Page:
New Video: Acclaimed Country Duo Rogue + Jaye Releases a Hauntingly Gorgeous Meditation on Intimacy and Vulnerability

Last year, I wrote a bit about the the country music duo Rogue + Jaye, and as you may recall, the act which is comprised of Los Angeles-based singer/songwriter Courtney Jaye, who has spent stints living in Nashville, Atlanta, Austin and elsewhere; and Bay Area-based singer/songwriter Zach Rogue, the frontman of indie rock act Rogue Wave can trace its origins back to a December 2013 songwriting session in which the duo quickly recognized they had an easygoing simpatico centered around the fact that as songwriters, who were deeply influenced by country, their material possesses a wistful, late night, drinking and thinking in a divey honky tonk vibe, reflected on their critically applauded debut single together “Til It Fades.”  

Pent Up, the duo’s full-length debut features a backing band consisting of Bands of Horses’Bill Reynolds (bass), Floating Action’s Seth Kauffman (guitar) and Grace Potter and The Nocturnals’ and Natalie Prass’ Michael Libramento (drums), and it was released last year to critical praise from a number of  major media outlets including  The Associated PressRolling Stone, Entertainment WeeklyAmerican Songwriter and others, with Rolling Stone Country recently naming the duo one of their “10 New Artists You Need to Know,” and with the album single “Golden Lady,” the duo’s sound seemed to draw from indie rock, 70s AM Rock and Renegade Country, complete with an understated emotional honesty; the sort that comes from living a full and messy life of mistakes, foibles, joy, heartache, loneliness, being lost and found and lost again, and profoundly life altering experiences and experiencing them as completely and fully as possible — and with an effortless gracefulness.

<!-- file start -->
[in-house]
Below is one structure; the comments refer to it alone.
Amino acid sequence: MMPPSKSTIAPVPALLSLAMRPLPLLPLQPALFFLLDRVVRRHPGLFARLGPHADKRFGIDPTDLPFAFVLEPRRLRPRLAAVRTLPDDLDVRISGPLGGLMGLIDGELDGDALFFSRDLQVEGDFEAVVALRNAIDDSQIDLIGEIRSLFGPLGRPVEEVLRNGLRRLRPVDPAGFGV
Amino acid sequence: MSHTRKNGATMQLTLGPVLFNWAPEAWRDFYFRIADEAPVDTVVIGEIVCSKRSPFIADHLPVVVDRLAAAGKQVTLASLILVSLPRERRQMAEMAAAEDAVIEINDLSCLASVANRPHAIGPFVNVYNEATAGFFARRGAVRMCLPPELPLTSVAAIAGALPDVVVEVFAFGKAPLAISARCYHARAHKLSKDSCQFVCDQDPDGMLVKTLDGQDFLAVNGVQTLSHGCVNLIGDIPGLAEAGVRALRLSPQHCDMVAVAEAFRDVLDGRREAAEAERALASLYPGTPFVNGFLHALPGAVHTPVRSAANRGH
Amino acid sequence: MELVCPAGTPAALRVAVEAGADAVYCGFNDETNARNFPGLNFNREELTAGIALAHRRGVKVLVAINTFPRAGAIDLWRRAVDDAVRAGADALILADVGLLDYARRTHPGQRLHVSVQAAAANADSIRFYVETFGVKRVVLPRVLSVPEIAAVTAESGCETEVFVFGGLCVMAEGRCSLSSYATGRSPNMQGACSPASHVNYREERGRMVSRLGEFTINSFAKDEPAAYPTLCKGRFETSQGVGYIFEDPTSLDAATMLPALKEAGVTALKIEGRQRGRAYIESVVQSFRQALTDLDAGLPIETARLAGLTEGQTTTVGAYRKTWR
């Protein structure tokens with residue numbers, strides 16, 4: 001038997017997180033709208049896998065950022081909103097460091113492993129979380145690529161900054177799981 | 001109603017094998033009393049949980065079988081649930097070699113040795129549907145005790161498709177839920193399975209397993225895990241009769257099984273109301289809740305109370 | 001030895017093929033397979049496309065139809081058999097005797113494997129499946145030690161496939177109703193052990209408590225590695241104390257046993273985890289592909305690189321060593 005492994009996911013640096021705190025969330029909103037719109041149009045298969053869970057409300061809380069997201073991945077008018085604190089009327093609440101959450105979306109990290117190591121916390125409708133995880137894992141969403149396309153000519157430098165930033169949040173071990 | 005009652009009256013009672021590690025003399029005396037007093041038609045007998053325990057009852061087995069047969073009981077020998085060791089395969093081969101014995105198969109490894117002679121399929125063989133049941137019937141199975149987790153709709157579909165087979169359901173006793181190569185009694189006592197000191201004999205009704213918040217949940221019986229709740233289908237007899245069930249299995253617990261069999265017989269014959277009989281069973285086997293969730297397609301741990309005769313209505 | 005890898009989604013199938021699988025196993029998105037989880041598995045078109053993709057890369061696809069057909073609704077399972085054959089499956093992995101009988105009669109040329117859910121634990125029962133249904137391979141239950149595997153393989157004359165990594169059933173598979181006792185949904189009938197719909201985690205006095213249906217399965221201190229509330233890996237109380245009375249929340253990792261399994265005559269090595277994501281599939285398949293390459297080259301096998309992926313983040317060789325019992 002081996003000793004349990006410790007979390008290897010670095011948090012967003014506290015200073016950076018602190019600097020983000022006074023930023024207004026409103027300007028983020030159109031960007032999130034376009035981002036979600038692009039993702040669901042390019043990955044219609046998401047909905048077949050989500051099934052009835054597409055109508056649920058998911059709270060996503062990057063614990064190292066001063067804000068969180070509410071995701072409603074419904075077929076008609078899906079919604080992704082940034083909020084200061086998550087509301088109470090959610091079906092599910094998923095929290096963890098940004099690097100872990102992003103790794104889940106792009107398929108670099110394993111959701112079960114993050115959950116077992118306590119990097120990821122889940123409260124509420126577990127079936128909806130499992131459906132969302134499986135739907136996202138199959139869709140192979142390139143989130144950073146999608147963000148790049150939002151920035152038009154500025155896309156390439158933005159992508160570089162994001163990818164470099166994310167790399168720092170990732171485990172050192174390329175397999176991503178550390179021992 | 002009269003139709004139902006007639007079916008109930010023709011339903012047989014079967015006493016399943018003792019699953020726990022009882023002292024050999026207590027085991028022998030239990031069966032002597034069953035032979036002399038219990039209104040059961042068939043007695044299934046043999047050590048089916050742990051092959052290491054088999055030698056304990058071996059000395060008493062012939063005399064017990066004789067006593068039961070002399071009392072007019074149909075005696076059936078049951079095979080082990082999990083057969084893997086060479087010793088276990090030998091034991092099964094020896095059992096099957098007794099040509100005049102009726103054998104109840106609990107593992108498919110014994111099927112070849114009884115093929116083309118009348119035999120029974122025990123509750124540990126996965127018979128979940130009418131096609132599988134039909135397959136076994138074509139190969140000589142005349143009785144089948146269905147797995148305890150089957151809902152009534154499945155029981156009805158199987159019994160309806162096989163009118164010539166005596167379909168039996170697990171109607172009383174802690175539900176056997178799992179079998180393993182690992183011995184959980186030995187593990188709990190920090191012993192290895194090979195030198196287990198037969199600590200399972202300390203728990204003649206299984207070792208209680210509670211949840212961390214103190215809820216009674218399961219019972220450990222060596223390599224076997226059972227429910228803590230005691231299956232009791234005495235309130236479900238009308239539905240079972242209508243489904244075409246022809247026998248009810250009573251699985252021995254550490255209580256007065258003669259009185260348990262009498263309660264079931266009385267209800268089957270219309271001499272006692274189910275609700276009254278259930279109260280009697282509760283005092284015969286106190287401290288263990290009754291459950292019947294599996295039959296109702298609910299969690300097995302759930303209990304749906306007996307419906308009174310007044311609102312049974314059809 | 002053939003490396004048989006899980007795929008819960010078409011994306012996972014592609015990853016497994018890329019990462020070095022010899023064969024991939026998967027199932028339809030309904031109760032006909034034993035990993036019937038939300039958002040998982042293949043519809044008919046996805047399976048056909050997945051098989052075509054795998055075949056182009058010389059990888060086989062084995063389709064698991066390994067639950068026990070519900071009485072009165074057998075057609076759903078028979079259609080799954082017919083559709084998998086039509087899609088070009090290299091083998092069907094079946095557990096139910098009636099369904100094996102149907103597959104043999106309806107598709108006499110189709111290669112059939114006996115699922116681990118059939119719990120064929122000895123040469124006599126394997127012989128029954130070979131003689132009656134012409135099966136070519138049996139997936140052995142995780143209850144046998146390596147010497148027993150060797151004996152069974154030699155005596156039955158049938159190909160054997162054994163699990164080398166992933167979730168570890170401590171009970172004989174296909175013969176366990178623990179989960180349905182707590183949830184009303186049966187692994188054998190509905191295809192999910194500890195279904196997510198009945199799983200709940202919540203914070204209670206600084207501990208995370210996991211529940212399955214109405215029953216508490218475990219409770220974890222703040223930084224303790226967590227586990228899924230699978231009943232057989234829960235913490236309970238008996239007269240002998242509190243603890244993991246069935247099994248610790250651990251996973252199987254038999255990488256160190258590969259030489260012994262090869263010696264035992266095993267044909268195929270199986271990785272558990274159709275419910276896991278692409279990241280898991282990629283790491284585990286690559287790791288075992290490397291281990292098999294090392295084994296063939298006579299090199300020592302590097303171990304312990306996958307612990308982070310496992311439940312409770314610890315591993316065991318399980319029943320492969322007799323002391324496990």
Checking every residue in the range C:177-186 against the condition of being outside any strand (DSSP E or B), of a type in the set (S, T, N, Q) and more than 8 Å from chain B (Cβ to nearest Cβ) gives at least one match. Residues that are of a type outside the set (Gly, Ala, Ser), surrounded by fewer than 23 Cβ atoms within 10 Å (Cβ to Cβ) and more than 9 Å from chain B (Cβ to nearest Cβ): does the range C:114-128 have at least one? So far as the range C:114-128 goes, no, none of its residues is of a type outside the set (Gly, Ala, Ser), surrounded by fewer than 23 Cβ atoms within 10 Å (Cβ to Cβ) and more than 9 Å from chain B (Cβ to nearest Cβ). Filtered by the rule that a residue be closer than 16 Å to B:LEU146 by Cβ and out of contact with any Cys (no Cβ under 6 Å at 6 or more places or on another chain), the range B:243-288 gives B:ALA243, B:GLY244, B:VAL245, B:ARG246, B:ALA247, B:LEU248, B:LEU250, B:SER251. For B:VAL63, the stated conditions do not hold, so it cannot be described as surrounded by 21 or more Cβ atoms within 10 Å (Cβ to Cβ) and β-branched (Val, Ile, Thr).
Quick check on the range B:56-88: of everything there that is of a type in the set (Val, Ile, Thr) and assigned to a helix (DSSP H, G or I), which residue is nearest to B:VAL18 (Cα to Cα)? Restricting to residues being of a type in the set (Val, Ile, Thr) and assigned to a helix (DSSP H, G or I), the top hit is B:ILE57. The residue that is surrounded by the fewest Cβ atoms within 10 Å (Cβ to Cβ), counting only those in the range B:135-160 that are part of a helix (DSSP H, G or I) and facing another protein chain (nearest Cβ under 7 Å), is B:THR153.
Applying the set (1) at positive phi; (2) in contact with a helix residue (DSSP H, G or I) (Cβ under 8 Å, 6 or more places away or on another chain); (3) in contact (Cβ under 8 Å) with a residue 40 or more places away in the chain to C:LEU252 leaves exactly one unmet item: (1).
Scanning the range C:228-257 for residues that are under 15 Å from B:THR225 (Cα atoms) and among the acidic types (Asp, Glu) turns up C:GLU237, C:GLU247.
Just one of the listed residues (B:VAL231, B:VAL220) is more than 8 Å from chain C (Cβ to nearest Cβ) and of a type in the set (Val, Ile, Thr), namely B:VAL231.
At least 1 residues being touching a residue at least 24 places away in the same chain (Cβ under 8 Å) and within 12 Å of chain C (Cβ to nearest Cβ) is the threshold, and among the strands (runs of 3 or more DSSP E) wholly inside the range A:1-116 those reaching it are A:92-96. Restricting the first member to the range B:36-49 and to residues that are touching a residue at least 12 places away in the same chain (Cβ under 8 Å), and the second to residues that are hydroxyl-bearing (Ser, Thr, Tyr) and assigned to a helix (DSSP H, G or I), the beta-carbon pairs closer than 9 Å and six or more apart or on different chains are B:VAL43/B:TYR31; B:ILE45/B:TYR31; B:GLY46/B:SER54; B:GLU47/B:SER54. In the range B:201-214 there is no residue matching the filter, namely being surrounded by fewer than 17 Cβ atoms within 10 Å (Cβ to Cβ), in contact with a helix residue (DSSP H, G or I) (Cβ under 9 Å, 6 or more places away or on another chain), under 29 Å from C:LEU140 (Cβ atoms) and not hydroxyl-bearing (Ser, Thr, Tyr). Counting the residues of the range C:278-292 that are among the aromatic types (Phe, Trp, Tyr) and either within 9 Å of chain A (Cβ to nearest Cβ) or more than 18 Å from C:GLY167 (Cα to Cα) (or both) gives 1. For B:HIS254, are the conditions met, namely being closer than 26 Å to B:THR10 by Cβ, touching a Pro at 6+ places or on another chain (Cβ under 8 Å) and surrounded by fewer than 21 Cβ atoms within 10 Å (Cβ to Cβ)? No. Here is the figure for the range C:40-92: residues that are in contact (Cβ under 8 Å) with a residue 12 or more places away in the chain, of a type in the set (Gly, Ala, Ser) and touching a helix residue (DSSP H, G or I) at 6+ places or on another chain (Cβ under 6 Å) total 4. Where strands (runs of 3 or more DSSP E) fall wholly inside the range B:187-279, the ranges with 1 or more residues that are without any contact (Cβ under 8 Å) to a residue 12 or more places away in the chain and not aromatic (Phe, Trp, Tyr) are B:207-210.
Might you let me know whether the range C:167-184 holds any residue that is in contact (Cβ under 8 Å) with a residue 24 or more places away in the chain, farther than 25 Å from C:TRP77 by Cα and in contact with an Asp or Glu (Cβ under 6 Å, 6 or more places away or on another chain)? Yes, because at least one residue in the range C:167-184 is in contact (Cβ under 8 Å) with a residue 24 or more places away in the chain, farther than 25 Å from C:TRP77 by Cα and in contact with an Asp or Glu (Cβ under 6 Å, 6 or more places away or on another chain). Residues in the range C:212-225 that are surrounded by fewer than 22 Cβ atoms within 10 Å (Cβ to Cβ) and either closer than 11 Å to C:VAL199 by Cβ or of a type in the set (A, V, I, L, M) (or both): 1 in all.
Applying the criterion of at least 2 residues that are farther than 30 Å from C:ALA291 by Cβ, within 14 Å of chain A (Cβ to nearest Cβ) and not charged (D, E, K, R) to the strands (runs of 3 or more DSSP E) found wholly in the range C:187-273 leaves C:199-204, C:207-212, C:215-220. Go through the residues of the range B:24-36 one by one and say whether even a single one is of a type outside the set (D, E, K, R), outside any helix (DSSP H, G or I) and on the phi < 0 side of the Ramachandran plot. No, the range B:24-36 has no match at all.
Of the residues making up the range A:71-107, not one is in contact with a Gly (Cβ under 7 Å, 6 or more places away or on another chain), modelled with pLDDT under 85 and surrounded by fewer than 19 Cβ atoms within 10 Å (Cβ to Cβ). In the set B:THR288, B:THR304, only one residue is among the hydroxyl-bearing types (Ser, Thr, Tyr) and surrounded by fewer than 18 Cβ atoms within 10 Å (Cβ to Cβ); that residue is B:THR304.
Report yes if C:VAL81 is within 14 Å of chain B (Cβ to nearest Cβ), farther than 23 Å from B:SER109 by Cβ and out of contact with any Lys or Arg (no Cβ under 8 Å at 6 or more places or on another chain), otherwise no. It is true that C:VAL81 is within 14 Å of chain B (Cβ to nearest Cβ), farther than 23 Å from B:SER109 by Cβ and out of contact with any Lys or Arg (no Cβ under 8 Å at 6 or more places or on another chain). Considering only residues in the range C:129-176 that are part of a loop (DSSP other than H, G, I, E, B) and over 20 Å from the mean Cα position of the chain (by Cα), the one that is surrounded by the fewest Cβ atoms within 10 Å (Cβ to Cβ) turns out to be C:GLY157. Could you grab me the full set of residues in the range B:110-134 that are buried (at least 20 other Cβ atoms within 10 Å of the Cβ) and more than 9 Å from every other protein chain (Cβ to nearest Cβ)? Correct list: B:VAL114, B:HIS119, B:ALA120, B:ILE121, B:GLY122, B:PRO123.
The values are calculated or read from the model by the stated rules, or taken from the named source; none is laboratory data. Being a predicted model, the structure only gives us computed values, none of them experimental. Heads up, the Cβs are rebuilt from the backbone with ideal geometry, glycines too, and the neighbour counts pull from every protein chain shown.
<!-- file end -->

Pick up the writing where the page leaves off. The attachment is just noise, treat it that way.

“Open Your Mind,” Pent Up‘s latest single finds the duo drawing from jazz, psych rock and psych country in an effortless and slickly produced  fashion — and while sonically the song will further cement their reputation for anachronistic-leaning pop/country that could have been released in 1968, 1972, 1982 or 2012, and much like its predecessor, the song comes from the perspective of those who have lived full and messy lives — with dignity and quiet resolve; but as Jaye says, the song is “about opening up to intimacy and vulnerability without fear, as well as exploring the unknown in ourselves and through another.”

Directed by Ben Bennett, the recently released video for “Open Your Mind” is a gorgeously sun-dappled dream of two people trying to connect in an intimate and powerful fashion.

 

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